Heather Goldstone

Science Editor and Host of Living Lab

Heather Goldstone is science editor at WCAI and host of Living Lab on The Point, a weekly show exploring how science gets done and makes its way into our daily lives. Goldstone holds a Ph.D. in ocean science from M.I.T. and Woods Hole Oceanographic Institution, and spent a decade as researcher before leaving the lab to pursue journalism. She has reported extensively on Woods Hole’s unique scientific community and key environmental issues on Cape Cod. Her stories have appeared in outlets ranging from Cape Cod Times and Commercial Fishery News to NPR and PBS News Hour. Most recently, Goldstone hosted Climatide.org, an NPR-sponsored blog exploring present-day impacts of climate change on coastal life.

Ways to Connect

Wiki Commons

Over the past several years, climate change has gained a reputation as a liberal agenda item. It wasn't always that way; it was President George H. W. Bush who brought the U.S. into international climate negotiations in 1992. Today, many GOP legislators reject the scientific consensus on human-caused climate change. But that science is clear – human activities are disrupting the global climate system, and that poses risks to people and institutions of all political persuasions.

By United States National Institute of Health: Heart, Llung and Blood Institute [Public domain], via Wikimedia Commons

A new study this week finds that a regional carbon cap and trade system has saved hundreds of lives and billions of dollars for New Englanders. Officials from the nine participating states are currently working out the future of the program.

By Professor Ken Miller - Professor Ken Miller, Public Domain, https://commons.wikimedia.org/w/index.php?curid=25498901

On certain issues – not all, but some – the science is clear: evolution gave rise to the diversity of life on Earth; climate change is happening, and humans are largely responsible; and vaccines do not cause autism. And yet, significant portions of the American public reject these scientific realities. 

“No one looks at scientific findings, scientific results from a completely objective point of view,” said Kenneth Miller, professor of biology at Brown University and author of Finding Darwin’s God, and Only a Theory – Evolution and the Battle for America’s Soul.

Top Science Stories of 2016

Jan 2, 2017
Wiki Commons

Gravitational waves, the Zika virus, and finding water in unexpected places in the solar system were some of the biggest science stories of 2016. In the U.S., it was also a year that highlighted the strained relationship between science and politics.

Climate change and other science policy questions were almost absent from the presidential campaign. The election of Donald Trump came as a surprise to most political pundits and sent scientists scrambling to find out more about the incoming Trump administration’s take on key science issues.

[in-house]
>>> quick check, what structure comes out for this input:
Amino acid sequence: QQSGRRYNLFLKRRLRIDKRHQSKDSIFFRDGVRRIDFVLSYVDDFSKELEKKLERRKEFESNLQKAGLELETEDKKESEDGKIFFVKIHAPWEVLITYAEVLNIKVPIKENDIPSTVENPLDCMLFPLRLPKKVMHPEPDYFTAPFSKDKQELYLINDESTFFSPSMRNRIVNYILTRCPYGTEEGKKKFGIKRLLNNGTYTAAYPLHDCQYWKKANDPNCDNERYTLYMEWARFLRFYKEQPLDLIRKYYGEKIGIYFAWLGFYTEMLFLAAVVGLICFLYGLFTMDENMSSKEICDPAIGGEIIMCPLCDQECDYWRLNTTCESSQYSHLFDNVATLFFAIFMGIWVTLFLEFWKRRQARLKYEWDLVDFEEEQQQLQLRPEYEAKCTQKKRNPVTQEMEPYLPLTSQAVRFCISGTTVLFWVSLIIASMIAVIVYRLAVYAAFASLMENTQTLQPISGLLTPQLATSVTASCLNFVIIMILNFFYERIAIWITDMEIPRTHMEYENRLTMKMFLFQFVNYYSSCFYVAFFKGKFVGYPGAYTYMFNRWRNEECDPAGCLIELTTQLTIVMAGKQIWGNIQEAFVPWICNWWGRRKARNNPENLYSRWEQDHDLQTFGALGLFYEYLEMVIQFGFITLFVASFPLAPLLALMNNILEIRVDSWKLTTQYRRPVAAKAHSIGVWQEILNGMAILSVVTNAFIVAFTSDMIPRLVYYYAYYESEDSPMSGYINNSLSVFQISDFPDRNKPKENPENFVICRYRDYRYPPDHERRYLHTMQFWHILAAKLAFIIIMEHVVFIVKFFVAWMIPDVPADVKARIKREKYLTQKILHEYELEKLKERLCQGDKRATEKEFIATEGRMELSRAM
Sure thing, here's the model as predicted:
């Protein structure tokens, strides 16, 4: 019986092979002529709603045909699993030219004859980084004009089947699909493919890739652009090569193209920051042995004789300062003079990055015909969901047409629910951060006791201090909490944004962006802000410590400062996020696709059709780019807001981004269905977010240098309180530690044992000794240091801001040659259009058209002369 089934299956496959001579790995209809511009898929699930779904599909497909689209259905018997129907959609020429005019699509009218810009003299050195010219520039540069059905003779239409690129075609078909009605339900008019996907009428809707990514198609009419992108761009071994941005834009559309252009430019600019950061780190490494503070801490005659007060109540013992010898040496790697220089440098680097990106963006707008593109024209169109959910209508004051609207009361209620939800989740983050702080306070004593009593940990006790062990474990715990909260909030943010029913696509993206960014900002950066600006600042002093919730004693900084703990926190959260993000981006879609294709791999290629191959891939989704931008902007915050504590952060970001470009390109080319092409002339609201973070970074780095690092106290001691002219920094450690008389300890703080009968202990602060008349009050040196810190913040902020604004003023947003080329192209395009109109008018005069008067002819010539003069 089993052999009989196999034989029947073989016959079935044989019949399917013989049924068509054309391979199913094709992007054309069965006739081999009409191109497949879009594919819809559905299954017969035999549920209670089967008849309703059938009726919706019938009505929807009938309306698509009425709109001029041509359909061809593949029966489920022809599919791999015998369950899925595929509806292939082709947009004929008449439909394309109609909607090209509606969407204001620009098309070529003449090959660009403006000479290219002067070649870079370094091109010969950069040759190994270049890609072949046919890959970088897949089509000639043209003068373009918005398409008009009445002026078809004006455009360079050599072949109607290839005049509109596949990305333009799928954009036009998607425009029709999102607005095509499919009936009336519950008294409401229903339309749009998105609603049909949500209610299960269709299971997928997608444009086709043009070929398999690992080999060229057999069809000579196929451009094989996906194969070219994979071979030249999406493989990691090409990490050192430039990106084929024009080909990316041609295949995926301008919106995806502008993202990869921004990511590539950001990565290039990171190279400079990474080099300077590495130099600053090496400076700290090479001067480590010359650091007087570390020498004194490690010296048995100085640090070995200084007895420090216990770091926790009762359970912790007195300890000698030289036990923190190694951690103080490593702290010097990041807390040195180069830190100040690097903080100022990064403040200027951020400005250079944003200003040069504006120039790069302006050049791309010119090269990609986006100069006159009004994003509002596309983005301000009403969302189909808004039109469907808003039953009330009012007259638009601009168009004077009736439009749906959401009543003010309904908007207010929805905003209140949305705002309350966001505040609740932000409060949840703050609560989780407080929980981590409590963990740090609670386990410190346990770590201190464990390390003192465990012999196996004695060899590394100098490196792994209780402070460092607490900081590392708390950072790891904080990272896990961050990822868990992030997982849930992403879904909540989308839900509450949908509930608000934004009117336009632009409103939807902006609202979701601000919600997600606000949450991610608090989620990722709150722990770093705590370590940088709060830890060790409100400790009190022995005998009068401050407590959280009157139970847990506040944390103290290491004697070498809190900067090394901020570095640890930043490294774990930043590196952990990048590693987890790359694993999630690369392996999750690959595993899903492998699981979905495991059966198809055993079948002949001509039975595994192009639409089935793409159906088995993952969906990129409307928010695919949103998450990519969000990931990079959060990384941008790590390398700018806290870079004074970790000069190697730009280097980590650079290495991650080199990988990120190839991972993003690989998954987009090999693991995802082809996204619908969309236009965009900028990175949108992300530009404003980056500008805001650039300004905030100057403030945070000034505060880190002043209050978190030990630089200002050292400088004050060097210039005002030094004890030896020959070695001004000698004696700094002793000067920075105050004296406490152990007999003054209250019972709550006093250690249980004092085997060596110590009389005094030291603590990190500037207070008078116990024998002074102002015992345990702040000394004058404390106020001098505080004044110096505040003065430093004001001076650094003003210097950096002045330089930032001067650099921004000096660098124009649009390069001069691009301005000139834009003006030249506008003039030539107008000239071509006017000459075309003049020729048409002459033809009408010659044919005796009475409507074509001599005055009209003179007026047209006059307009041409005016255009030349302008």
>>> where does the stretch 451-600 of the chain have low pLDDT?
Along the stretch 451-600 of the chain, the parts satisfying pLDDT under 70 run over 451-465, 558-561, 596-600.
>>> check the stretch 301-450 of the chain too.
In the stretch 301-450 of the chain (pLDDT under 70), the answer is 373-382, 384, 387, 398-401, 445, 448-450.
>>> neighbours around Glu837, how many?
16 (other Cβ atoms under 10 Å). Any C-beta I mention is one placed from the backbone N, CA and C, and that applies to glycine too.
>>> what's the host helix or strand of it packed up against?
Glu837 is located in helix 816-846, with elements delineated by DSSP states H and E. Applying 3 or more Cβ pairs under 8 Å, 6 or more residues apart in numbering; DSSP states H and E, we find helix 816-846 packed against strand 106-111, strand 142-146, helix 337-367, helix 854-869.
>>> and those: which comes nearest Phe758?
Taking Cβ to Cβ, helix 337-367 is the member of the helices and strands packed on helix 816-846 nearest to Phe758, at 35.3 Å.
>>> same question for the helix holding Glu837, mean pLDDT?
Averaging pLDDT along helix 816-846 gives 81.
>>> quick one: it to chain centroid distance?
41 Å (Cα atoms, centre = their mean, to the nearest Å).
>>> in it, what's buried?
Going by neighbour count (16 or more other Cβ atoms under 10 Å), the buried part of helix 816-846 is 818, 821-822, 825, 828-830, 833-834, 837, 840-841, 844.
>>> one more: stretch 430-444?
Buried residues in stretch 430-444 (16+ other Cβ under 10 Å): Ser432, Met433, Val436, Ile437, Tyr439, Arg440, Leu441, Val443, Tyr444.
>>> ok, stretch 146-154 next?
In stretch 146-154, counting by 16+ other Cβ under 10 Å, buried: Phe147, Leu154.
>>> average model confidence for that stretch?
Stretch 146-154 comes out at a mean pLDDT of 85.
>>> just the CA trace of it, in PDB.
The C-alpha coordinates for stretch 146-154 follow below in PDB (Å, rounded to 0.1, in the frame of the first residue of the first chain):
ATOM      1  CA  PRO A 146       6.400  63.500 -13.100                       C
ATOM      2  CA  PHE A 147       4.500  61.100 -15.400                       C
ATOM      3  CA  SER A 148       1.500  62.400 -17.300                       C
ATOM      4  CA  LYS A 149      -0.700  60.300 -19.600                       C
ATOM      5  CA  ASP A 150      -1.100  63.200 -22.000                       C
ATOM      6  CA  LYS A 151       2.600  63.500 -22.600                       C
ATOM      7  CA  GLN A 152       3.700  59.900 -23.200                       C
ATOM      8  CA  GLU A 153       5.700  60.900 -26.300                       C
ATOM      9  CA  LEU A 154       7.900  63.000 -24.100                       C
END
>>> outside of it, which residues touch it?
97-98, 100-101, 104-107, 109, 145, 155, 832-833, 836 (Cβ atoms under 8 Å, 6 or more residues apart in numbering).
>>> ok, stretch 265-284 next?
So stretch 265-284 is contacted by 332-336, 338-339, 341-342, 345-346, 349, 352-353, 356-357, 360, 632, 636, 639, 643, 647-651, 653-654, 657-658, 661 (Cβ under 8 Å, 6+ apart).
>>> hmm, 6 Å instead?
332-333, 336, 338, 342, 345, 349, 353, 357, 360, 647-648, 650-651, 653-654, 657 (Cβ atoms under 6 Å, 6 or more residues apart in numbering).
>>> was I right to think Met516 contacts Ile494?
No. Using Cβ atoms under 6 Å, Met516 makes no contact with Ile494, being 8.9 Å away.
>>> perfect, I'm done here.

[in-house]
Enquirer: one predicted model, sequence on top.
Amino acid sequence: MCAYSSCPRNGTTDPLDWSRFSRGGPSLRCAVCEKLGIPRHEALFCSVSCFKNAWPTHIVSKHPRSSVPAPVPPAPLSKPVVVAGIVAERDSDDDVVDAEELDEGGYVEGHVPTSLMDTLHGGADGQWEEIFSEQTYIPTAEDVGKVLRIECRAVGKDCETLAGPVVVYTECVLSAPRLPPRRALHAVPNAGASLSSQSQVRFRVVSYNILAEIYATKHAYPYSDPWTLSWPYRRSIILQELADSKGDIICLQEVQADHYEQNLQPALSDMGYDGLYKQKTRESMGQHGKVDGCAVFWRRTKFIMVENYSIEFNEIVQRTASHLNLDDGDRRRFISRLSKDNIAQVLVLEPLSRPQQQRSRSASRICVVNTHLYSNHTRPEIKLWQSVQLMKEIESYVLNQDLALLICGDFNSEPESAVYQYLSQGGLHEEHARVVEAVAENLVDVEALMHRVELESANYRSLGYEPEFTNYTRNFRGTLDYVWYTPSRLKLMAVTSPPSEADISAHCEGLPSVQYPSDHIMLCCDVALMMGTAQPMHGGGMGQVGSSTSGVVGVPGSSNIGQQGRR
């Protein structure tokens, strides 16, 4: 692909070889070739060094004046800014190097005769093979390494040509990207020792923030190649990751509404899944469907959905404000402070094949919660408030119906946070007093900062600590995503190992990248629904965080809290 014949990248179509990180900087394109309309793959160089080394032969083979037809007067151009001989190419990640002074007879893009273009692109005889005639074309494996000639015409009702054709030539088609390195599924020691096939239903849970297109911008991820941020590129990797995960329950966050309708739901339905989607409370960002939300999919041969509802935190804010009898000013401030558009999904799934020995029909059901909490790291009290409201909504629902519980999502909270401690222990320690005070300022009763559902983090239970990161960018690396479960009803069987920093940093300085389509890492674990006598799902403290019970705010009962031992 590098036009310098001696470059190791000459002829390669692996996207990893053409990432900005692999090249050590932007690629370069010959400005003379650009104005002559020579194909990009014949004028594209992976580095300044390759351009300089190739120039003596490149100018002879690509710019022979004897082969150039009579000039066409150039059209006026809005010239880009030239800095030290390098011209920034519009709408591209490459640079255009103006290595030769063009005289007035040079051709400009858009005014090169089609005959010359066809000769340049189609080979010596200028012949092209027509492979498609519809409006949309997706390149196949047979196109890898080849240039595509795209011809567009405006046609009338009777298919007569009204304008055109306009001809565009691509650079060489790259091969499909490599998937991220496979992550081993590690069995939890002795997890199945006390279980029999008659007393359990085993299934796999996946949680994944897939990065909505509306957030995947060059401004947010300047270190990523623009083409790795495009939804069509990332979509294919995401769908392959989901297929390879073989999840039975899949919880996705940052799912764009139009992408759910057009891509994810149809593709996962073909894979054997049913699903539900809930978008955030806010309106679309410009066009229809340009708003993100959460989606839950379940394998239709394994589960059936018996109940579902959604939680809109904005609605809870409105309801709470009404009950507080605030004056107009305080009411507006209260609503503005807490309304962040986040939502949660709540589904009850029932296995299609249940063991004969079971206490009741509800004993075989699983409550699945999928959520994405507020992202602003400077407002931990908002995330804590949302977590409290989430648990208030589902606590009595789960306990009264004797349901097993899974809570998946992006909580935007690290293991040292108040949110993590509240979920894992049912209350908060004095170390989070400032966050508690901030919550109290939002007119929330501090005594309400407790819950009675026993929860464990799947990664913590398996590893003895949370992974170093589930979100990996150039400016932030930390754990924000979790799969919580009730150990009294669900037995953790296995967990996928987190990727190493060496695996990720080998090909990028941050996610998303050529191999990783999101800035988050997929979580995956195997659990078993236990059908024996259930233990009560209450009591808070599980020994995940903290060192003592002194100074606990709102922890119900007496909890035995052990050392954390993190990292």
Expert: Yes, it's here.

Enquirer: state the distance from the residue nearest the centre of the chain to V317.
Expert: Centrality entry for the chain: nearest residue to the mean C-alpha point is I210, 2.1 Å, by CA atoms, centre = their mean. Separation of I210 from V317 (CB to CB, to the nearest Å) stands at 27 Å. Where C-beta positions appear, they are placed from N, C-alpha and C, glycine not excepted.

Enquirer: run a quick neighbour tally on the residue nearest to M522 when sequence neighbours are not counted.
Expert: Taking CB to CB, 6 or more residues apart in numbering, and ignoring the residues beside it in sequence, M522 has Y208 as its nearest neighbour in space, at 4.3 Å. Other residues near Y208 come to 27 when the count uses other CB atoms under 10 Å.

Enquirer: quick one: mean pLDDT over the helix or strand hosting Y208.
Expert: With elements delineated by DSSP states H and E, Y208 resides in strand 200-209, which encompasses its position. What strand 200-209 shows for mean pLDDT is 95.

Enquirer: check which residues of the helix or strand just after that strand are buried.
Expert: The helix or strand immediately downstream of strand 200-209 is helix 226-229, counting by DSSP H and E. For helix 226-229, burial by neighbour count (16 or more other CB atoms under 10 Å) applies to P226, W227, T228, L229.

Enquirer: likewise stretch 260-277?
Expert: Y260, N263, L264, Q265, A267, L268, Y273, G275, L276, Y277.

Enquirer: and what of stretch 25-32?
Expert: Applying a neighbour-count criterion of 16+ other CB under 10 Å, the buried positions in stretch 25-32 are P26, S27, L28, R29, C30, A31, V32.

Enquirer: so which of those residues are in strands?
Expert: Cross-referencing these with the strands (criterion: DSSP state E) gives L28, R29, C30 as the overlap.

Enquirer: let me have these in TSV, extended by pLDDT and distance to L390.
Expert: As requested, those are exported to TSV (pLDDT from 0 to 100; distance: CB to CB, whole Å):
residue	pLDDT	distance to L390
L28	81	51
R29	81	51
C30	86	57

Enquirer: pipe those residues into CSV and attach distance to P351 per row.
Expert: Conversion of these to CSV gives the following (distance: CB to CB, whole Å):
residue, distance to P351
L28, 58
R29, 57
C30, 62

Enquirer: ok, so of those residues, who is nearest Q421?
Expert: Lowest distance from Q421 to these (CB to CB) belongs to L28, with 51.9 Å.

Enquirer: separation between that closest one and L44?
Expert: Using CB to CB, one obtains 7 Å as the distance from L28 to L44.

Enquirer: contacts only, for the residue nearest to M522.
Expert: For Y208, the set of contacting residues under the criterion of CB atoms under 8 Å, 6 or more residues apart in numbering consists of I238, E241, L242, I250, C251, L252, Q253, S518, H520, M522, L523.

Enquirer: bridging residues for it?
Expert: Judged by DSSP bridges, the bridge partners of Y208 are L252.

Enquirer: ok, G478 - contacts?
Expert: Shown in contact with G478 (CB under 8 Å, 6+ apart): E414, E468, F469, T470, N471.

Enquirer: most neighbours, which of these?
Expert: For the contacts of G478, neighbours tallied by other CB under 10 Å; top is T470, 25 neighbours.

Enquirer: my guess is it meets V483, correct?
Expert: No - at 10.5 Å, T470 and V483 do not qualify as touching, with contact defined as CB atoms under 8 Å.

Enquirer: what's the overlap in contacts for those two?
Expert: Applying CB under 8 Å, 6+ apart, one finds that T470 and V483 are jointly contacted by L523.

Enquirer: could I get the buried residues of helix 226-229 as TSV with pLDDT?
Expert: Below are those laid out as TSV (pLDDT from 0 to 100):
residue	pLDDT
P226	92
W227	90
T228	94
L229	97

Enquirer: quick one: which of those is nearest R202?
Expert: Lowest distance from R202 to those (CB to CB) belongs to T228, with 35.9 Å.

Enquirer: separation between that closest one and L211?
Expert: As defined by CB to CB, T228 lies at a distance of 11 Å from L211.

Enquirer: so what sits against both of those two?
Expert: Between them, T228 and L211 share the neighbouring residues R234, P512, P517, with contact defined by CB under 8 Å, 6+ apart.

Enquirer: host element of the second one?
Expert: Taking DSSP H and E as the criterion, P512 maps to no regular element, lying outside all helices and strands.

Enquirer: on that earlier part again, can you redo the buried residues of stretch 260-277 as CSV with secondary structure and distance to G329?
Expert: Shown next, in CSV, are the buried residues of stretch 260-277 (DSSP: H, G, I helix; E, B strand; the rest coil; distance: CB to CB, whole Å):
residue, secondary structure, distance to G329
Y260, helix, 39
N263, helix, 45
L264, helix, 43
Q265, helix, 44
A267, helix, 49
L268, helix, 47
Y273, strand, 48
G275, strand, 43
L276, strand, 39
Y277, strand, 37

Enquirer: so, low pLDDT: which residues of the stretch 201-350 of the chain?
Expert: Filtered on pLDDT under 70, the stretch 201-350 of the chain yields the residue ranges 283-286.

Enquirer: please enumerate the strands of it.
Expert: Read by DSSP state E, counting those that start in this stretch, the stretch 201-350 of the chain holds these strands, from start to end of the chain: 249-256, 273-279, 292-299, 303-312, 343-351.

Hana Kučová / http://hanakucova.cz/

As the new year begins, you may be planning to make some changes. And, as a nation, we seem to be in a state of flux – socially and politically. Following through on resolutions and staying sane in a rapidly changing world takes more than will-power and positive thinking.

Here are three tips based on the latest science of psychology and neurobiology:

Wiki Commons

With Christmas coming up on Sunday, a bit of planetary news related to Christmas caught our attention. The Star of Bethlehem that was seen by the Magi might not have been a star at all, but a rare planetary alignment.

RISD Builds a Mars Suit

Dec 19, 2016
RISD/Jo Sittenfeld

One challenge astronauts face as they prepare for a mission to Mars is that they haven’t got a thing to wear.

For example, astronaut Andrzej Stewart had to wear a hazmat suit during his training at the Mars simulation center on Hawaii known as HI-SEAS. That suit just wasn’t realistic.

The problem is, it’s too expensive to build actual Mars space suits just to train on Earth. A fully functional Mars suit would cost millions of dollars to build. Plus, it would be extremely heavy. (Mars has 62 percent lower gravity than the Earth.)

Usually, efforts to find a new treatment or cure for a disease go something like this: scientists spend years figuring out something about the basic biology of the disease, and then spend more years finding ways to target a part of that process. When they hit on something that works in the laboratory, they (or, often, a pharmaceutical company) spend even more years - and a lot more money - doing the tests necessary to prove a drug is safe and effective for use in human patients.

Beinecke Rare Book & Manuscript Library / Yale University

It’s been called the world’s most mysterious book. It was written between 1404 and 1438 in an unknown script by an unknown author. It’s illustrated with plants and star charts that look tantalizingly like real ones, only not quite. And then there are the women -  dozens of naked women entering and emerging from tubes that one writer compared to midieval waterslides. But most perplexing of all is the lettering, which is beautifully formed but completely unintelligible.

U.S. Geological Survey

Sea level rise is typically mentioned in the context of erosion, coastal flooding, storm damage at the coasts. All of those are issues, to be sure. But rising ocean levels can have other effects – on septic systems and drinking water supplies farther inland. Potential impacts on groundwater are the subject of a new report from US Geological Survey’s New England Water Science Center.

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